New Apple iPad Review

New Apple iPad Review

Still the finest large-screen tablet on the market, the third-generation Apple iPad delivers an unmatched array of excellent apps on a truly gorgeous screen. The high-res display and fast 3G are the best of what’s changed from the wildly popular iPad 2, and the little improvements like a better rear camera and a new dictation feature only help sweeten the deal. The biggest reason to recommend the new iPad, though, isn’t its hardware, fine as that is. It’s the software. And I don’t mean Apple’s software, either, although iOS 5.1 is certainly no slouch. The collection of third-party apps for the iPad is far better than on any other platform, including Android, delivering a superior experience.

Pricing, Physical Features

The new iPad comes in six different models. There are 16, 32 and 64GB sizes in Wi-Fi-only and 3G variants. If you want to be able to keep apps, movies, and music on your tablet, I advise getting at least 32GB. For this review, I tested the 64GB model.

The new iPad looks just like the old iPad: a 9.7in screen surrounded by a black (or white) bezel, with a curved metal back, and a single Home button. Apple’s magnetic Smart Cover, which was released with the iPad 2, clips on just fine. The tablet still has a sealed-in battery and no ports other than a MicroSIM slot, a standard headphone jack, and an Apple 30-pin dock connector.

If you look closely, you’ll notice that at 241.2 x 185.7 x 9.4 mm (HxWxD) and 652gram (Wi-Fi) or 662grams (Wi-Fi+3G), it’s just a hair thicker and a smidge heavier than the iPad 2, but you wouldn’t notice if you weren’t holding both tablets at once. The additional weight is because of a much larger battery, although the new iPad promises the same battery life as the previous model – the 3G radio and sharper screen are just much more power hungry.

The 2,048 x 1,536-pixel Retina display is as beautiful as you’ve heard, and colours are more saturated than on the previous model. It’s still reflective, which creates some problems outdoors, but at 264 pixels per inch, it’s the sharpest tablet screen there is.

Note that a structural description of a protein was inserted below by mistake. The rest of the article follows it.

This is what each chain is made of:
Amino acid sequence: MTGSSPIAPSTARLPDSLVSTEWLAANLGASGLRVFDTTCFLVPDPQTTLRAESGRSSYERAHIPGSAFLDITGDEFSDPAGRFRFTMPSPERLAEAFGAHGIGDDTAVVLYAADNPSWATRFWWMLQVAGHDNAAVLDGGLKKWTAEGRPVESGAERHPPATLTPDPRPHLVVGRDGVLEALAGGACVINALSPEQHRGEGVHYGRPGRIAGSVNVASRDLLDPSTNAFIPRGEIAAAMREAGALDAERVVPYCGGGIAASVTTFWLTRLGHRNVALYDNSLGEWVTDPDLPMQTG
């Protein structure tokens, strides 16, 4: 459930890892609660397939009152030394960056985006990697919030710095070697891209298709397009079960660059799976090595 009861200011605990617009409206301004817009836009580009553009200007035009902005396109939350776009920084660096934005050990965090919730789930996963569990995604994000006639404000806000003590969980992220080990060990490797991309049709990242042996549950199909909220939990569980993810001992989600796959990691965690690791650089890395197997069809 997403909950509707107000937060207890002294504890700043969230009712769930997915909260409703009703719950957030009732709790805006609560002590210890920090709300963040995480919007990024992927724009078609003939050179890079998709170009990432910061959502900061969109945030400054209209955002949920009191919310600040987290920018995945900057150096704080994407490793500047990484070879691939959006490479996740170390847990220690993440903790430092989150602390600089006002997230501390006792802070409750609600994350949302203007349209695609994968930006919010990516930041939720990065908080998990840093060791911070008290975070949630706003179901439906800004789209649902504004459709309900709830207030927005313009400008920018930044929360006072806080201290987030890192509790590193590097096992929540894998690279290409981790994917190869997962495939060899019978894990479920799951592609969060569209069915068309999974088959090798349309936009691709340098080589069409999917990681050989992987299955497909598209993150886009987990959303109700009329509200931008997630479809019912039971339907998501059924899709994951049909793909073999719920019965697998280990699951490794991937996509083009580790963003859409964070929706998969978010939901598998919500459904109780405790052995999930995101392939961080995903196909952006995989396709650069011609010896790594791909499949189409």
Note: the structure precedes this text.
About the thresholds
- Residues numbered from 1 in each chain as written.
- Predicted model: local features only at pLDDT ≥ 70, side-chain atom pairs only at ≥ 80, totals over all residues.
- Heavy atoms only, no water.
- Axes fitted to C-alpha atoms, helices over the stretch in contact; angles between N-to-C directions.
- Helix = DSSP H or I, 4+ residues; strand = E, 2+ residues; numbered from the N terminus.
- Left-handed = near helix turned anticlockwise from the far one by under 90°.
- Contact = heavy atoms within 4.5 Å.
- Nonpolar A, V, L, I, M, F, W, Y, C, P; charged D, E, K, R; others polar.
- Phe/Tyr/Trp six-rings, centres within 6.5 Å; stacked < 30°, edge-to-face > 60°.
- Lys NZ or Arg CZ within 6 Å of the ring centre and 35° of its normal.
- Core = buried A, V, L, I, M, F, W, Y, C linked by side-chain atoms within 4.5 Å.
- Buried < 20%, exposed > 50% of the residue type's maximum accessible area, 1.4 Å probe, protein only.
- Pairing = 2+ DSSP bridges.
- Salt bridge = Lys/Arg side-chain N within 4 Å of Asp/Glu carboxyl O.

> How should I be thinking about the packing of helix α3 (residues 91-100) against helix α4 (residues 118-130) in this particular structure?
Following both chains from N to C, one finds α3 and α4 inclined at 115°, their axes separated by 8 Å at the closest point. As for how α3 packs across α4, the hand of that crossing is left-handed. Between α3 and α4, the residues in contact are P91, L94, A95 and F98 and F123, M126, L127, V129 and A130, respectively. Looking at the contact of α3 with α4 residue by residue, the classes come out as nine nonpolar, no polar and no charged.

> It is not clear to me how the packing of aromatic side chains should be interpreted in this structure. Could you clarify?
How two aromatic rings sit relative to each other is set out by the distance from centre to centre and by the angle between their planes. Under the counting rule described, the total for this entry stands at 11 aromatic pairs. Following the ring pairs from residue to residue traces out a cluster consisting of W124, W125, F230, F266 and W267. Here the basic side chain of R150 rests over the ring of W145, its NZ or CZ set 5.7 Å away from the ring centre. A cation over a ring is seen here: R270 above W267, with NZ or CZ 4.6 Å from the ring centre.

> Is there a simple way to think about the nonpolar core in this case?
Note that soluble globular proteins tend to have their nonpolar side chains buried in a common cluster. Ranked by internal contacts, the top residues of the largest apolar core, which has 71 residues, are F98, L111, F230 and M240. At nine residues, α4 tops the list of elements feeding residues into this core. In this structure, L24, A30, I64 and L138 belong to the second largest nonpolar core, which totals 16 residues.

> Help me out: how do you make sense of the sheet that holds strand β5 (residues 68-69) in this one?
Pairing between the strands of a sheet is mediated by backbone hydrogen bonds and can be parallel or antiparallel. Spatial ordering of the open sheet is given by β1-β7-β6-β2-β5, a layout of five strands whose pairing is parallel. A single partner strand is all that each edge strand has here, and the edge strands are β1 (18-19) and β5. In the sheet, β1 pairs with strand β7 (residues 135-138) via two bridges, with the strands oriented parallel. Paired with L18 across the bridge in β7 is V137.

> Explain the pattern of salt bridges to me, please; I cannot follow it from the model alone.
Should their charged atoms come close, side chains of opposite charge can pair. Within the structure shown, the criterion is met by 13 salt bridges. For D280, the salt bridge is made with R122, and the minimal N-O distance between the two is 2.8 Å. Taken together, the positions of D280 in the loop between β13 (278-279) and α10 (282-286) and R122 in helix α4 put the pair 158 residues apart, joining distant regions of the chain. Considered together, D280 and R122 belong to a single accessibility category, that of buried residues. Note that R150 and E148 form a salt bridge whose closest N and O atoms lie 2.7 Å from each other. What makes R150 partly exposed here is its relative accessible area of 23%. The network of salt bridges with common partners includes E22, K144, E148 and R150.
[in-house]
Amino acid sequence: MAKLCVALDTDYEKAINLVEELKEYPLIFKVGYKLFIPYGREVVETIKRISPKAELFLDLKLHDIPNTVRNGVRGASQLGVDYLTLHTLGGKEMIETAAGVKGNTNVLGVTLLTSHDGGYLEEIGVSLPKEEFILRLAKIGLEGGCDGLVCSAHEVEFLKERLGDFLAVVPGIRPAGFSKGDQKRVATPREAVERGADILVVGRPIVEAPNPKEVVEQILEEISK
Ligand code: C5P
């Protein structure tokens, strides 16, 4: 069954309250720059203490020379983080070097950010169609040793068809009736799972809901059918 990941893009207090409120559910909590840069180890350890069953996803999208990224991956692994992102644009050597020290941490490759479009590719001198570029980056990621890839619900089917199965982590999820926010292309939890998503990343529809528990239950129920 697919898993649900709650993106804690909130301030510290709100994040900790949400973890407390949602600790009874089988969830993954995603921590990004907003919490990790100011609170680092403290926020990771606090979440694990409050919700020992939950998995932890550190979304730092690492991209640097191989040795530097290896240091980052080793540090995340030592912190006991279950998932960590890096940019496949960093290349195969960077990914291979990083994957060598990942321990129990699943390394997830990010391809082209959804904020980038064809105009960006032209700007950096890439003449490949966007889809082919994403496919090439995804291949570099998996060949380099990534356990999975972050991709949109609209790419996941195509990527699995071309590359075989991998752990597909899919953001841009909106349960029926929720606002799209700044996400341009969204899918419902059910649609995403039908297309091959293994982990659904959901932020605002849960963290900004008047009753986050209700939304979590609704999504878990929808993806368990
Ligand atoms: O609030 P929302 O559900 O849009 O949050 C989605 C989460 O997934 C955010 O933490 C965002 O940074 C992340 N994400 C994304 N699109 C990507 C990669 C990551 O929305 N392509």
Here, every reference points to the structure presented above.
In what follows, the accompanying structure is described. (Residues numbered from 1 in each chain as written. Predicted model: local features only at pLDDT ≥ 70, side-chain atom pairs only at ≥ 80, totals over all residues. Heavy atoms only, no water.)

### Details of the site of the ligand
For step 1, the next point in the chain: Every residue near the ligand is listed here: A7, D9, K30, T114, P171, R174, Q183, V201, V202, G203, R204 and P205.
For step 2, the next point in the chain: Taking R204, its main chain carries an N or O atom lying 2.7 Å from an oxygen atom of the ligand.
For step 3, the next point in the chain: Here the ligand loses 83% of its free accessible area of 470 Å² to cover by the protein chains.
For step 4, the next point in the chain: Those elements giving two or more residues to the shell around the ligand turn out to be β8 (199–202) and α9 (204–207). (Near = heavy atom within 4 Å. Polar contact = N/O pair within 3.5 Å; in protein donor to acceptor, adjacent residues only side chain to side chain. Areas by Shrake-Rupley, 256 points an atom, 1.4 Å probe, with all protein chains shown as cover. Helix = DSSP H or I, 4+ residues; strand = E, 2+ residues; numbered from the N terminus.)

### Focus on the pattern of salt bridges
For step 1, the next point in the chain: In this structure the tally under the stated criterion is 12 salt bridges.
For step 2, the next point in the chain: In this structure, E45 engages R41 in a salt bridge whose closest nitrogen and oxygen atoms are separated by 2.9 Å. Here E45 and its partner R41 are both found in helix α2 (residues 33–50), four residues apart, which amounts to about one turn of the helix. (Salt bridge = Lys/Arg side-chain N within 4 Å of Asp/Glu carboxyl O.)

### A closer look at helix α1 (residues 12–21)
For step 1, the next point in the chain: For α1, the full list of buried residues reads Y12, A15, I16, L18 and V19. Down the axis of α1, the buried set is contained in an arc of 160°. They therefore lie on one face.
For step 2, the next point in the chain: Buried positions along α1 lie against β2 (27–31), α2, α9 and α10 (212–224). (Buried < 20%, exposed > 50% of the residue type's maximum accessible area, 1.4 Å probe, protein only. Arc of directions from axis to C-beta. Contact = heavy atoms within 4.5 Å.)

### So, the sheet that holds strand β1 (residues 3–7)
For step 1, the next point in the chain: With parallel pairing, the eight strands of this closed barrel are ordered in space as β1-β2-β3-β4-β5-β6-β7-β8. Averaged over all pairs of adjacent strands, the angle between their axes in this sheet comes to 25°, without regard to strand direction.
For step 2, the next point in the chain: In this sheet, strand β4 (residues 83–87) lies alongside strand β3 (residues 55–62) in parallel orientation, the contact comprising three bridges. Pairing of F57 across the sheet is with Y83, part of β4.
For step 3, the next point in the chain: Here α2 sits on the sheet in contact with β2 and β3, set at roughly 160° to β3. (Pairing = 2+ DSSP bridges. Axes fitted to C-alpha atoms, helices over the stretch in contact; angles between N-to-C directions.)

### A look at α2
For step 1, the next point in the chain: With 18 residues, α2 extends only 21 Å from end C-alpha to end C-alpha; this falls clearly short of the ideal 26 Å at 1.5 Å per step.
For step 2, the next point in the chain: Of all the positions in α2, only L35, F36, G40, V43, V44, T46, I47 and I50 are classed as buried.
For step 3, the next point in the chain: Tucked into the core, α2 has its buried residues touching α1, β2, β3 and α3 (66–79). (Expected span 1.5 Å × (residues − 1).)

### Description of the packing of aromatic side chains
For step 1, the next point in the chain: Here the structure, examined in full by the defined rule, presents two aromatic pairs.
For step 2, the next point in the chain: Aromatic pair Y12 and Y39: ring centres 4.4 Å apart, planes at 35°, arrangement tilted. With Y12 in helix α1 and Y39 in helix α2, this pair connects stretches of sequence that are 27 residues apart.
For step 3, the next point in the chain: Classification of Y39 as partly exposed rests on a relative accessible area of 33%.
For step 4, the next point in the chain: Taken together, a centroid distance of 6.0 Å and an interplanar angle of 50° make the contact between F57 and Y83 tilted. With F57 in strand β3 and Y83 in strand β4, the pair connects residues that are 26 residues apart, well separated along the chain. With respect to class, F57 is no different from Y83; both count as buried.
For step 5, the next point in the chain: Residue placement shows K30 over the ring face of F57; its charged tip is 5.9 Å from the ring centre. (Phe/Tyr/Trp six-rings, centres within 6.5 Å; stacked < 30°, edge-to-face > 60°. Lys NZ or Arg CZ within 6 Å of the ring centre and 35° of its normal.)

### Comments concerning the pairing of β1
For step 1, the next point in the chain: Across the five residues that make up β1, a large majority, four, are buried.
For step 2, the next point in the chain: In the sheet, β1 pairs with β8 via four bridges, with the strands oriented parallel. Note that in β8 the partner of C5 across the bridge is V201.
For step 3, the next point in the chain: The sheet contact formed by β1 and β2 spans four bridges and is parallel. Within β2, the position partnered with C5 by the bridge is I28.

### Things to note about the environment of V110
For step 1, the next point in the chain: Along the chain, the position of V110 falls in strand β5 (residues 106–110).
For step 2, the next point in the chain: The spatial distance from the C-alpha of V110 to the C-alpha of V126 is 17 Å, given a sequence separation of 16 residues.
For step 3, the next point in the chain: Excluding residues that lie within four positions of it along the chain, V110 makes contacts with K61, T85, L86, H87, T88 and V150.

Several times during this review, I’d pick up the new iPad, do something, and be afraid I had mistakenly picked up the iPad 2. So then I’d pick up the iPad 2, look at its screen, and be horrified at the comparative graininess. On the new iPad, things look the way they’re supposed to. They look real. No matter how small an element is, it’s readable. Diagonal lines are never jaggy; nothing decays into a shower of pixels. Text probably benefits the most, though.

Internet Connectivity

The new iPad offers 3G LTE connections as well as HSPA+ links up to 42Mbps. All but the Wi-Fi-only iPads have unlocked MicroSIM slots, so they’ll connect to any compatible network. The tablet also integrates 802.11 b/g/n including the 5GHz band, which is useful if you live or work in a place with crowded Wi-Fi networks. Bluetooth 4.0, meanwhile, opens up the option of not just wireless headsets and headphones, but Bluetooth watches and sensor devices. The built-in GPS locked in quickly when using the Maps app.

Buying a 3G tablet means signing up for an iPad data plan and staying under your data cap. That’s one way iOS falls short. There’s a data counter, but it’s buried under Settings>General>Usage>Cellular Usage, which is just too deep to monitor regularly.

Processing Power and Battery Life

The new iPad’s A5X processor, a dual-core Cortex-A9 running at 1GHz, is the same CPU as in the previous iPad, with a better GPU to handle the higher-resolution screen. In tests we saw similar performance, with both the Geekbench processor/memory benchmark (at 761) and Rightware’s Browsermark benchmark (at 102,096) falling very close to the scores for the iPad 2.

According to Apple, the new GPU offers “four times the performance” of the iPad 2, which turns out to mean that it offers the same performance while pushing four times the pixels. In the GLBenchmark 2.1.2 “Egypt High” test, which creates a simulated 3D game scene, the iPad 2 and new iPad had almost exactly the same frame rate of 28 frames per second-but remember, the new iPad has to work four times as hard to get there. The “Egypt Offscreen” test, which takes displaying actual pixels out of the equation, drew 50 per cent more frames on the new iPad than the iPad 2, highlighting the additional graphics power.

But benchmarks have never been a good measure of the iPad user experience, because there’s a lot of clever programming involved. Apple prioritizes user input, which means buttons respond quickly and scrolling and zooming are always smooth. That programming, rather than raw CPU speed, is why iPads feel faster than Android tablets.

App developers may be pushing the limits of the A5’s power, though. In the Retina-display-enhanced Barefoot Atlas and Real Racing 2 HD apps, I saw occasional stutters when zooming or rotating complex, rendered objects. This didn’t occur in on-board apps such as the Safari Web browser or the video player.

Apple estimates the 42.5-watt-hour cell will deliver ten hours of usage time on Wi-Fi and nine hours on 3G, which is very good for a large-screen tablet. In our iPad battery tests, I found battery life to be highly dependent on screen brightness; I got only five hours, thirty three minutes of video playback at full brightness but ten hours, fifty four minutes at half brightness. Also be aware that the big battery takes up to seven hours to fully recharge from zero.

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